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In re Petition of Nichter

United States District Court, District Circuit

May 13, 2013

IN RE PETITION OF LUKE NICHTER

EX PARTE MEMORANDUM OPINION

ROYCE C. LAMBERTH, Chief Judge United States District Court

Now before the Court is the petitioner's Motion [1] to unseal records associated with United States v. Liddy, District Court docket number 1827-72. Upon consideration of the Motion [1], the government's opposition [10], petitioner's reply [11], the government's ex parte Surreply [notice of submission at docket entry 14], [1] the applicable law and for the reasons set forth below, the petition will be granted in part and denied in part.

I. BACKGROUND

Petitioner Luke Nichter, a professor at Texas A&M University, submitted a letter asking the Court to unseal certain records associated with the Watergate scandal. Prof. Nichter would like to determine "why the Watergate break-in occurred, who ordered it, and what the burglars were looking for, " and he believes the Court's files would resolve this historical mystery. Nichter Ltr. 1, Sep. 6, 2010, ECF No. 1.[2] He originally sought only documents at issue in United States v. Liddy, 354 F.Supp. 208 (D.D.C. 1972), specifically records disclosing what Alfred C. Baldwin, III, the individual tasked with monitoring the wiretap of the Democratic National Committee, overheard. See Nichter Ltr. 1, May 1, 2009, ECF No. 1. Later, Prof. Nichter requested that the Court to unseal the entire file in United States v. Liddy, criminal docket number 1827-72.[3] Nichter Email to Jeremy Baron, Nov. 22, 2011, EFC No. 1.

The Department of Justice filed a Response to Prof. Nichter's petition agreeing that certain files should be unsealed but objecting to the unsealing of documents in three specific categories: (1) presentence reports and other documents implicating the privacy of living individuals; (2) documents reflecting the content of illegally obtained wiretaps; and (3) grand jury information. Prof. Nichter filed a Reply asking the Court to (a) immediately unseal all uncontested materials and order the National Archives and Records Administration ("NARA") to expeditiously review and release those records; to (b) hold in abeyance ruling on those documents whose unsealing and release the government objected to; and to (c) order an investigation into the extent of the breach of grand jury secrecy by Washington Post reporters during the Watergate era. Nichter Reply 1-2, ECF No. 11.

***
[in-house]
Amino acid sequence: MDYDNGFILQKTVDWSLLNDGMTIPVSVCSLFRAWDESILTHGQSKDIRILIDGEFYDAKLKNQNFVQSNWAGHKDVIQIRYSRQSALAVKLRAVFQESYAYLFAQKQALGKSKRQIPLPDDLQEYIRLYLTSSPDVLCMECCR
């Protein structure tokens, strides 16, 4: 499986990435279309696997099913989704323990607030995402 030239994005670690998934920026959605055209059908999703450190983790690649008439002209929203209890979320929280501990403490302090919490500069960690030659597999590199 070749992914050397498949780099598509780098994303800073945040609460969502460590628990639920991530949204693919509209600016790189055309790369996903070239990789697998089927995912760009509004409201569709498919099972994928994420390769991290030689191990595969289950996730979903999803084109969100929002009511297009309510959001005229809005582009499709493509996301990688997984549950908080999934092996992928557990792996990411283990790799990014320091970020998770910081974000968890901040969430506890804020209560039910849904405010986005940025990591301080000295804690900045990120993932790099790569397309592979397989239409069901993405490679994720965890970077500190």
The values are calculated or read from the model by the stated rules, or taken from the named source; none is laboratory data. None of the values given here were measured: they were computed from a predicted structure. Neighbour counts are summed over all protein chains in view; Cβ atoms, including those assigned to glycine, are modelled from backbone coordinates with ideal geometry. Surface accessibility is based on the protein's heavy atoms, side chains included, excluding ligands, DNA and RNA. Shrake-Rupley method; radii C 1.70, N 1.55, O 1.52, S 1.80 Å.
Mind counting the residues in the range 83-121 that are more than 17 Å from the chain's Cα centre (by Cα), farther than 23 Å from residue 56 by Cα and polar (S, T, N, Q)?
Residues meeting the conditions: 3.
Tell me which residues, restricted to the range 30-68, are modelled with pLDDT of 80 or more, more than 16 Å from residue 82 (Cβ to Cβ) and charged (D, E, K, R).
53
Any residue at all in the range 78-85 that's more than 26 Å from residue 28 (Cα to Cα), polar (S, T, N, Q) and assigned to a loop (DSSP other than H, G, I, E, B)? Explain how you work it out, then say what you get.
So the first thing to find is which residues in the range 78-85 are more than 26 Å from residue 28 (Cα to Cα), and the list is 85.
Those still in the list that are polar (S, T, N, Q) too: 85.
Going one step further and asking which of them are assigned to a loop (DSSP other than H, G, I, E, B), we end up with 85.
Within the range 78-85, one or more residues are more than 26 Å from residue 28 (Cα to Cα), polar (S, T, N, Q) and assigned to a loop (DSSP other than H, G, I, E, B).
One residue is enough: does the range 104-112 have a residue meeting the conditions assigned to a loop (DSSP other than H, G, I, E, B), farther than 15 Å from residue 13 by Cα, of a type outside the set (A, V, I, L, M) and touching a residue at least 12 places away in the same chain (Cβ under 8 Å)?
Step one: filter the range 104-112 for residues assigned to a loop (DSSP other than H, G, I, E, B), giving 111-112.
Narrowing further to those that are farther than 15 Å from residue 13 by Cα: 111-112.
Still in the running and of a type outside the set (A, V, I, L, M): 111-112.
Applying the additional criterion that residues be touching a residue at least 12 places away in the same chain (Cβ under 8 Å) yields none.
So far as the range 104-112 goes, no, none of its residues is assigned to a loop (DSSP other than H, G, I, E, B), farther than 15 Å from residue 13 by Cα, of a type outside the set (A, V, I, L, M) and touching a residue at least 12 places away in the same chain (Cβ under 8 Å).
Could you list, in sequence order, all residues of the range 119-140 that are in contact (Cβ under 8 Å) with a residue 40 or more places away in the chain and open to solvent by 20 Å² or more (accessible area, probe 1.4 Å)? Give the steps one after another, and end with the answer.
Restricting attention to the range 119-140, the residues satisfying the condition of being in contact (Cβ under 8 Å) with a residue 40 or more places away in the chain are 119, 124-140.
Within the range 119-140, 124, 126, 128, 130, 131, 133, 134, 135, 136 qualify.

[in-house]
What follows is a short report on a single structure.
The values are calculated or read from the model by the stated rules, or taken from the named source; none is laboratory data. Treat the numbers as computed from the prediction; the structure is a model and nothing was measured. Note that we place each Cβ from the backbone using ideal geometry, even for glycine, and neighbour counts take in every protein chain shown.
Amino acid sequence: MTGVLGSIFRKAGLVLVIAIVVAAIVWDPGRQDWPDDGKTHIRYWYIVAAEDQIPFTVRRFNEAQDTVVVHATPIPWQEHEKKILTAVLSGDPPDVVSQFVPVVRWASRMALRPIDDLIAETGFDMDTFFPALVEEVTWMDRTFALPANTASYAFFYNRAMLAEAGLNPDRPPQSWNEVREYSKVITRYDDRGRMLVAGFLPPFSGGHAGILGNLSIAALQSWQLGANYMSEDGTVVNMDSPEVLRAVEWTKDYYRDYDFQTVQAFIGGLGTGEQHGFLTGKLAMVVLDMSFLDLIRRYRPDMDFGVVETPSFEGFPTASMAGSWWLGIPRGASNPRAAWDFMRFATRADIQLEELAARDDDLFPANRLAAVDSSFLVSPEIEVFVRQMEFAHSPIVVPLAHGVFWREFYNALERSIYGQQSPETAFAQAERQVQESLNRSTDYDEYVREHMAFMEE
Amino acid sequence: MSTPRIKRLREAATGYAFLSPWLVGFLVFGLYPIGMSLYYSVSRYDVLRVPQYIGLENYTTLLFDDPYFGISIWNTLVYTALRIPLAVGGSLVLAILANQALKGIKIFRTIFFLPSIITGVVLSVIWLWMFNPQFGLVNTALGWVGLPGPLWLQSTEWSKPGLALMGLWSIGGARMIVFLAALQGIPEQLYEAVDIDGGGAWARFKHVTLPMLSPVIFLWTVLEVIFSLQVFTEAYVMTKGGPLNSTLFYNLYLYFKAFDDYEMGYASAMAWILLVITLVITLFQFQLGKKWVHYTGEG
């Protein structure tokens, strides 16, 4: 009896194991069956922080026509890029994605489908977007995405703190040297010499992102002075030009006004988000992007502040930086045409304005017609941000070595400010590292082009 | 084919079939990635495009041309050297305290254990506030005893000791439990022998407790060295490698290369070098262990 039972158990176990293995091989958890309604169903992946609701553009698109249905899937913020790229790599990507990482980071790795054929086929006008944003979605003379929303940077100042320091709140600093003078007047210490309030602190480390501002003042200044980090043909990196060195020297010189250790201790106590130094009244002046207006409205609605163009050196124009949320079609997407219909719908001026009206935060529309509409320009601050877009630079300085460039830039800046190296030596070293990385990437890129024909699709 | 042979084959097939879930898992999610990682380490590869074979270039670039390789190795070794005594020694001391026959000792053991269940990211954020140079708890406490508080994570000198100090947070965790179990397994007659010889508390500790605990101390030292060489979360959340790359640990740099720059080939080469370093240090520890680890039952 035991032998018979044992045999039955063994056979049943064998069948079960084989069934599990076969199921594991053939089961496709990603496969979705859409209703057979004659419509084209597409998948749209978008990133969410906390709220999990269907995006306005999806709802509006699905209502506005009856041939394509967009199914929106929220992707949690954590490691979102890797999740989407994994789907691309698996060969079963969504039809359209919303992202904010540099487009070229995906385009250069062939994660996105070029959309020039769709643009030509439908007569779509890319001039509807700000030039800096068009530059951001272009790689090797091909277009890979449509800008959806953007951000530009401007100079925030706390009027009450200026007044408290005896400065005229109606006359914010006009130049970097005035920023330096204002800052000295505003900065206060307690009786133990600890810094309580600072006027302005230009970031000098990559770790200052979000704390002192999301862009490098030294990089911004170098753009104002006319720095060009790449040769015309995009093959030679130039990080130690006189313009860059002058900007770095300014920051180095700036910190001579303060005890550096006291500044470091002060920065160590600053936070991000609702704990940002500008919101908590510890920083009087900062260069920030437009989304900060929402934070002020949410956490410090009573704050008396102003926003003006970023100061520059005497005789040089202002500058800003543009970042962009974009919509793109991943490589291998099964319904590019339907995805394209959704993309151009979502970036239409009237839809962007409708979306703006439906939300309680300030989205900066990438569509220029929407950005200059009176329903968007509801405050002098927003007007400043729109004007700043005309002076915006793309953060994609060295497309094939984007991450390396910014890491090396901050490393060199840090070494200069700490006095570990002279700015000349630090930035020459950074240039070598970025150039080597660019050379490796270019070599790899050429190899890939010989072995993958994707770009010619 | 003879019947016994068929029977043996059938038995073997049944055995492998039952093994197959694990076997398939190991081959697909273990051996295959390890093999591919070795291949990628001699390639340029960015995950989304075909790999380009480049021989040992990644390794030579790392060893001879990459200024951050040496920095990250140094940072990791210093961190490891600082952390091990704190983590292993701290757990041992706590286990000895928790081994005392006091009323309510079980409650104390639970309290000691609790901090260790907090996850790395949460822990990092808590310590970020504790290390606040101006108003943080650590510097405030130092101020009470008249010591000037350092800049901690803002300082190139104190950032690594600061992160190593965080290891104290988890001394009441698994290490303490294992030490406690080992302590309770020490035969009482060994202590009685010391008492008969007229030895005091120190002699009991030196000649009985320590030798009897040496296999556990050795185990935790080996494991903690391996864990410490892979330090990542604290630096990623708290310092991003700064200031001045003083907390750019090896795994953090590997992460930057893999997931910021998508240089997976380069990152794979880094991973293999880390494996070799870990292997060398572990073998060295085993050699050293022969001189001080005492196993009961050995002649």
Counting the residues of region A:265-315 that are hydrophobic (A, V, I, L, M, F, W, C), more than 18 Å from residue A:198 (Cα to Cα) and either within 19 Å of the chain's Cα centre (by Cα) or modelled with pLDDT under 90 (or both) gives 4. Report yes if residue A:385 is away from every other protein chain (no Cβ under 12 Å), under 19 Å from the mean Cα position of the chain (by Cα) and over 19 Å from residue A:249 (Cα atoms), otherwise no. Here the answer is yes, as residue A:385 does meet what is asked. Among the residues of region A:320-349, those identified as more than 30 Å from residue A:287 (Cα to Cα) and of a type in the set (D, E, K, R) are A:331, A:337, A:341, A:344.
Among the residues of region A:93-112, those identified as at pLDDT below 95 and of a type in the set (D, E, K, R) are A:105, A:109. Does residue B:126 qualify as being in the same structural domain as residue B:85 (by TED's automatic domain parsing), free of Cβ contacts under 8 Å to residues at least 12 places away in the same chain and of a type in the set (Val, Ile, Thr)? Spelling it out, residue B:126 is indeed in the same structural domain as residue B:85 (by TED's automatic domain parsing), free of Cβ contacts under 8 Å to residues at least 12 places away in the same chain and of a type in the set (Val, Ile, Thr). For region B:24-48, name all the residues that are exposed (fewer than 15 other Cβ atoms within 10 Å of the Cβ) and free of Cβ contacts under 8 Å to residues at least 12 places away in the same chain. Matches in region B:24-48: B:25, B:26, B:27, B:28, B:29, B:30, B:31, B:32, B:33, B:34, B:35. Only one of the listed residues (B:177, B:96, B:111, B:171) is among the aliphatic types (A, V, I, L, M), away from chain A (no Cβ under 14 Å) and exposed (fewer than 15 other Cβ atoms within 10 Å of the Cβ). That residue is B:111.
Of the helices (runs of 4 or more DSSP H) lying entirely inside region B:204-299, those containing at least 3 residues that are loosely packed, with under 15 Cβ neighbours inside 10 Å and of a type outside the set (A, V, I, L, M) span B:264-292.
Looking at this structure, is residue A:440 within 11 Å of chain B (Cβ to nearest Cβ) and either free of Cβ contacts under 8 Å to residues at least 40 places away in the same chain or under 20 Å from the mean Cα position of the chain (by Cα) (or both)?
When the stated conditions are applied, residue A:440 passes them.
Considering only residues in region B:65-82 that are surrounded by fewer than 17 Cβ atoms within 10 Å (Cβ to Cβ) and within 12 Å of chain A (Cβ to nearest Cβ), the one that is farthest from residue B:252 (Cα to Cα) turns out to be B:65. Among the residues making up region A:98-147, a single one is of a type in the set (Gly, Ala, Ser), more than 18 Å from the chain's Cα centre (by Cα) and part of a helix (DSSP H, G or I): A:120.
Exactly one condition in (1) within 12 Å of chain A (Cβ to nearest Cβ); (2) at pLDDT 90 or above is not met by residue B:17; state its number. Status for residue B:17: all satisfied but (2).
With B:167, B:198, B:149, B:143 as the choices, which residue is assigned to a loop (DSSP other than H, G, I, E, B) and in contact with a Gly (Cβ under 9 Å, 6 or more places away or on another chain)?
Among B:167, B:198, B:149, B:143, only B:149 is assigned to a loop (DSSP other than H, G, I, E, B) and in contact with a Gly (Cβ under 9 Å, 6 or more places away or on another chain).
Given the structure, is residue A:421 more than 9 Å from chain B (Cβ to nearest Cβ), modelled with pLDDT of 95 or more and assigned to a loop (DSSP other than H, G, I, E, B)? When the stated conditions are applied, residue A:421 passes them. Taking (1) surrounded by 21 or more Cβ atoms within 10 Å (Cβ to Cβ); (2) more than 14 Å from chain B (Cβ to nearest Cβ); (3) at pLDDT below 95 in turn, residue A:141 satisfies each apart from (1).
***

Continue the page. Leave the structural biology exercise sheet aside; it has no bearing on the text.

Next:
On November 2, 2012, the undersigned Judge granted in part and denied in part Prof. Nichter's request. In re Petition of Luke Nichter, Misc. No. 12-74 (RCL), 2012 WL 5382733, at *1 (D.D.C. Nov. 2, 2012). The Court's order unsealed all District Court records that the government did not object to unsealing. Id. The Court also ordered the Department of Justice to submit, ex parte and under seal, copies of all District Court records it believed should remain sealed. Prof. Nichter's request that the Court order an investigation into the breach of grand jury secrecy during the Watergate era was denied. Id.

In accordance with that order, on November 30, 2012, the NARA released and made available online approximately 950 pages of documents. On December 10, 2012, the Justice Department submitted the requested surreply along with copies of documents it believes should remain under seal. The government argues that 15 sets of documents, marked as exhibits "A" thru "O, " should remain sealed—in whole or in part—because they disclose private, personal information, would constitute a breach of grand jury secrecy, or would reveal information obtained by an illegal wiretap.

II. DISCUSSION

A. Presentence Investigative Reports and Other Documents Containing Personal Information of Living Individuals

After a defendant has pleaded guilty or been convicted, the Probation Office conducts a presentence investigation and creates a Presentence Investigative Report ("PSR")[4] to aid the sentencing court in carrying out its function. See Fed. R. Crim. P. 32(c)-(d). The PSR must contain, inter alia, an overview of the defendant's personal history and characteristics, including any prior criminal record, the defendant's financial background, and family or personal circumstances that might have affected the defendant's behavior. Id. 32(d)(2). In practice, PSRs generally contain a summary of the facts and circumstances giving rise to the offense, an assessment of the defendant's mental and physical health, and other background information including the defendant's educational attainment, military service record, work history, history of substance abuse, and a statement regarding the defendant's cooperation with authorities and acceptance of responsibility. However, the PSR may not contain any confidential sources of information, any information that, if disclosed, might result in physical or other harm to the defendant or others, or any diagnoses that, if disclosed, might seriously disrupt a rehabilitation program. Id. at 32(d)(3).